Ethical Couponing & Coupon Courtesy


You’ve heard of extreme and super couponing, but what in the world is ethical couponing?    Well, it is exactly what it sounds like — it’s being honest and moral in your coupon redemption practices.

This blog comes about because of a conversation I had with a clerk at Albertson’s last week.  As I handed him my printable coupons (coupons printed off the computer) he told me Albertson’s is considering not taking black and white printables anymore because they have been catching people photocopying those type of coupons (an illegal practice).

So what this means for the rest of us is we will have to start using color ink ($$$) to print our coupons because a small group of people can’t follow the rules.  Plus, many stores are considering no longer accepting printable coupons at all because of fraudulent use.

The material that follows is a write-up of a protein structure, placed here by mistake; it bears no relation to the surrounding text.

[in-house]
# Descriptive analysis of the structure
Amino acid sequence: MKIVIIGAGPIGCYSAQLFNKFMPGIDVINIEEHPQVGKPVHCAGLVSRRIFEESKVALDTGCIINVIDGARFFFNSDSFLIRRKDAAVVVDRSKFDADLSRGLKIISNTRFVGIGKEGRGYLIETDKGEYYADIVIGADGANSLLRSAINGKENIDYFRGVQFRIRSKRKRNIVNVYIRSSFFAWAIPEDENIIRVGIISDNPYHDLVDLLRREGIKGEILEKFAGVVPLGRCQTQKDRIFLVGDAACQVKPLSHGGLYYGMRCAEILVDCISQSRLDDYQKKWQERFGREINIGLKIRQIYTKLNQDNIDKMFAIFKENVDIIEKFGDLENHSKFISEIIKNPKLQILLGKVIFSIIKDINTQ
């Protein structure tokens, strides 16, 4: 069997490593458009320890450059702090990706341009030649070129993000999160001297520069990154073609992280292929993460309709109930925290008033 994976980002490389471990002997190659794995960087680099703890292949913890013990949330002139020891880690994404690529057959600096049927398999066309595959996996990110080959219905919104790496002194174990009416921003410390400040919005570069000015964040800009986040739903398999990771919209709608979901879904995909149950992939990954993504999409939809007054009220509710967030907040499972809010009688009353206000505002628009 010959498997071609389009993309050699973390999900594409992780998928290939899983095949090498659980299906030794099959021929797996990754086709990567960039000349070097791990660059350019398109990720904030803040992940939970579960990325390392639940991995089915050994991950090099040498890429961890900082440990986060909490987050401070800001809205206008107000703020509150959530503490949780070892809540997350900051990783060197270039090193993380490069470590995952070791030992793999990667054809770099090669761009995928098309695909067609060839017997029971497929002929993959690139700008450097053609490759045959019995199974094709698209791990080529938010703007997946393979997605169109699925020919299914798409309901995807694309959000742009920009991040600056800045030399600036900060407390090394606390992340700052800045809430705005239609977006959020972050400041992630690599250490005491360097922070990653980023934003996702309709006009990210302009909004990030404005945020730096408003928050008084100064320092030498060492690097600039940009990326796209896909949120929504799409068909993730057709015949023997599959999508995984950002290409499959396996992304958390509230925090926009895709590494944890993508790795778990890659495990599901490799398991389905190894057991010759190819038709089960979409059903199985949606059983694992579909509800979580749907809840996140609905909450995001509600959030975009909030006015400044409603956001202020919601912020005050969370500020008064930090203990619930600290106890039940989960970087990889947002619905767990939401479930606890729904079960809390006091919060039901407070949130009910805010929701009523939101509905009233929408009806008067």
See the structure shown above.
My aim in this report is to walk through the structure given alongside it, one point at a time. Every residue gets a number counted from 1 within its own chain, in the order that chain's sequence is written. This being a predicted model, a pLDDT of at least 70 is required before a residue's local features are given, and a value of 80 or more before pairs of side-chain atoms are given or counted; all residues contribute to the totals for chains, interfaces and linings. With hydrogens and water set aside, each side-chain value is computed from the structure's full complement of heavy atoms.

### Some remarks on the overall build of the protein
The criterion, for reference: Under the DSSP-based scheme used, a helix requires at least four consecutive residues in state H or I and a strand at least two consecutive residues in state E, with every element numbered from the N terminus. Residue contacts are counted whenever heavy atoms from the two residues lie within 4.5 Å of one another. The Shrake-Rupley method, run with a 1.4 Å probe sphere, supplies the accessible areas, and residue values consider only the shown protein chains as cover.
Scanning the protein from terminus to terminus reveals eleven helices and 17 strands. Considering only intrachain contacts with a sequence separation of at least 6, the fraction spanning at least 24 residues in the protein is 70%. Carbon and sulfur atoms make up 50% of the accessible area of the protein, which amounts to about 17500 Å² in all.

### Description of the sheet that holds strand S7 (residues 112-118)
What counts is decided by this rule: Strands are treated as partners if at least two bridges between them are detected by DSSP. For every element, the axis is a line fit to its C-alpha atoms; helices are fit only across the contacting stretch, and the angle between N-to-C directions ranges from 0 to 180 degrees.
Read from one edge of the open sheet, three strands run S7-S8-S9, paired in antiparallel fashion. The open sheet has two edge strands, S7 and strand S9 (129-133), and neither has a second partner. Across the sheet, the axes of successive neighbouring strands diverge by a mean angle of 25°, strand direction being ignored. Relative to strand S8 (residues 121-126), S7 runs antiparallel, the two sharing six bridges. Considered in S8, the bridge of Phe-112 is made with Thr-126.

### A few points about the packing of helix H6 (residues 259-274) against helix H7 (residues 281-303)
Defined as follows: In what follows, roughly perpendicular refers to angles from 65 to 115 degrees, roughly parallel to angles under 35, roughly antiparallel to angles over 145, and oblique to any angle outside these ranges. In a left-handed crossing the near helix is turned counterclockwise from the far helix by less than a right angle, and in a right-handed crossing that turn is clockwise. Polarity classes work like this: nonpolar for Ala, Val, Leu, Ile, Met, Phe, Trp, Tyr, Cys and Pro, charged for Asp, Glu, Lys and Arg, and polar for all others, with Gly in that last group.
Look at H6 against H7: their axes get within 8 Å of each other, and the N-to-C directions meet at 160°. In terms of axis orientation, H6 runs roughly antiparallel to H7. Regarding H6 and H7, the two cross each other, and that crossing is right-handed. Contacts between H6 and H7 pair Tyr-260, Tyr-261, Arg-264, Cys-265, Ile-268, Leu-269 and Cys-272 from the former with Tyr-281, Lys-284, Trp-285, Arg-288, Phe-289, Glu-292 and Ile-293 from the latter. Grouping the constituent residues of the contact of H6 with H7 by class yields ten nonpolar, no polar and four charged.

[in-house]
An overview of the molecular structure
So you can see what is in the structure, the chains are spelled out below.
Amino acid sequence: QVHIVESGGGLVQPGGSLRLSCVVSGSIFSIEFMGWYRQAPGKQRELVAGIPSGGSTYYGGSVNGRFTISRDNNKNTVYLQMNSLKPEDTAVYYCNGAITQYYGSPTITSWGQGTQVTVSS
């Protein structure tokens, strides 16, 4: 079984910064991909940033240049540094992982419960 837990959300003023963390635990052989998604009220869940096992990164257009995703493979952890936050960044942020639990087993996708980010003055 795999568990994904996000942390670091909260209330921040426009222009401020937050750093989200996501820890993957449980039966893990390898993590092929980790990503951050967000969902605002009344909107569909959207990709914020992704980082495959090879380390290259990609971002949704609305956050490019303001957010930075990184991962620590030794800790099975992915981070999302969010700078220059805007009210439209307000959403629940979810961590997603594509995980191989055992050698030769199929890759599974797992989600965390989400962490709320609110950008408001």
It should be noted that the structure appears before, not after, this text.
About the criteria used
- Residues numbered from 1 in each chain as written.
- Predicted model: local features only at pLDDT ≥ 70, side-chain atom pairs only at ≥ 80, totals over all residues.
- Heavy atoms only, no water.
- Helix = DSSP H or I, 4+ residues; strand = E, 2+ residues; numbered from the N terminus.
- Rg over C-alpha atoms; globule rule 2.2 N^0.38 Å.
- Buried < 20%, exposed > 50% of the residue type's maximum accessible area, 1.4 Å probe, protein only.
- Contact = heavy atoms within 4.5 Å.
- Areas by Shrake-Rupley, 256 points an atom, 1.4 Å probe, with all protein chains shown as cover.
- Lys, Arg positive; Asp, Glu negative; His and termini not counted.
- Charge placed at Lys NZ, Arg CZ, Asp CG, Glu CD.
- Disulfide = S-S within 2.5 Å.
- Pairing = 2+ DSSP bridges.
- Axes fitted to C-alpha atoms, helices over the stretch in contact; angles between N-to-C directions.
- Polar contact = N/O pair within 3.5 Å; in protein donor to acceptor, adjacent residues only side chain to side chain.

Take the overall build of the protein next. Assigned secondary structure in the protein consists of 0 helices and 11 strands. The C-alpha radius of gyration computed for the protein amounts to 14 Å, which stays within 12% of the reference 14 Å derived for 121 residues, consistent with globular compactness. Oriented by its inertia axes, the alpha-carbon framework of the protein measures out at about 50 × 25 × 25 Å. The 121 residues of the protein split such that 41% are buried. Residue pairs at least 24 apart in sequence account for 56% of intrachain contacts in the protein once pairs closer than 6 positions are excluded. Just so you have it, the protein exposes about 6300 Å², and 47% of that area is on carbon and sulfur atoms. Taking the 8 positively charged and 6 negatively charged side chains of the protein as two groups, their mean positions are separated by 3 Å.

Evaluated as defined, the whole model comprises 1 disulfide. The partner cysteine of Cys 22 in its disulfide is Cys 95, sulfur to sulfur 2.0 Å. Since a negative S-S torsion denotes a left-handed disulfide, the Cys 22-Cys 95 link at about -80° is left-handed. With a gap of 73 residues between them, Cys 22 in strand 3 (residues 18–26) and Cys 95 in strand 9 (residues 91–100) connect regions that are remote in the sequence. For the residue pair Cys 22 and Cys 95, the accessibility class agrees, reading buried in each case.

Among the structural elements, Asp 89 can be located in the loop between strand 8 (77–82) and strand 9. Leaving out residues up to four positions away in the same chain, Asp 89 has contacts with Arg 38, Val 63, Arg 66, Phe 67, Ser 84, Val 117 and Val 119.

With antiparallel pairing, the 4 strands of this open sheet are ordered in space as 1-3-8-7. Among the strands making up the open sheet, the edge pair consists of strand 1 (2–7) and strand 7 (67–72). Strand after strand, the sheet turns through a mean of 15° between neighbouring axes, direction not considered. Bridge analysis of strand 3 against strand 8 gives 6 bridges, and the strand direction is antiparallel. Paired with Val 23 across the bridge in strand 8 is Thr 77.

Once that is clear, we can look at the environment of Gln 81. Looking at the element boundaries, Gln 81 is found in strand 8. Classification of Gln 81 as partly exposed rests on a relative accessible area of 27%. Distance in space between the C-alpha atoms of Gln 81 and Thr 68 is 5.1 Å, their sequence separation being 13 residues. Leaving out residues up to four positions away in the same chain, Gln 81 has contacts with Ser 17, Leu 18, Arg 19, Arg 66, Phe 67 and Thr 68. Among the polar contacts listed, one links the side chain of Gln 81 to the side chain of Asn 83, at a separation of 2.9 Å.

I can’t stress enough to anyone who uses coupons to please follow the rules and be honest.  We are already getting a price cut by using the coupons, so don’t be greedy and try to illegally get more than what is offered.  That is lying, cheating and stealing — not okay at all!

Photocopying coupons, intentionally using expired coupons and other fraudulent uses of coupons costs companies thousands of dollars every year.   I’ve heard people say, “Well, those companies can afford it!”  In the long run, no they can’t.  They allot a certain amount of money to be designated for promotions such as coupons.  If every time they ran a coupon promotion for which they budgeted $500 and at the end they had to pay out $750 because of fraudulent coupons, that puts them $250 in the red for their promotional campaign.   After awhile, those companies are going to stop offering coupons because it is affecting their bottom line.  I can’t blame them!

Whether a company can afford it or not isn’t the issue.  The issue is this illegal kind of behavior affects the entire couponing community.  When companies stop offering coupons, limit their coupon policies, or make it difficult to use coupons, it affects everyone.  And personally, I am furious at those folks who are affecting my ability to legitimately save my family money.  (Yes, my “mother bear” is coming out!)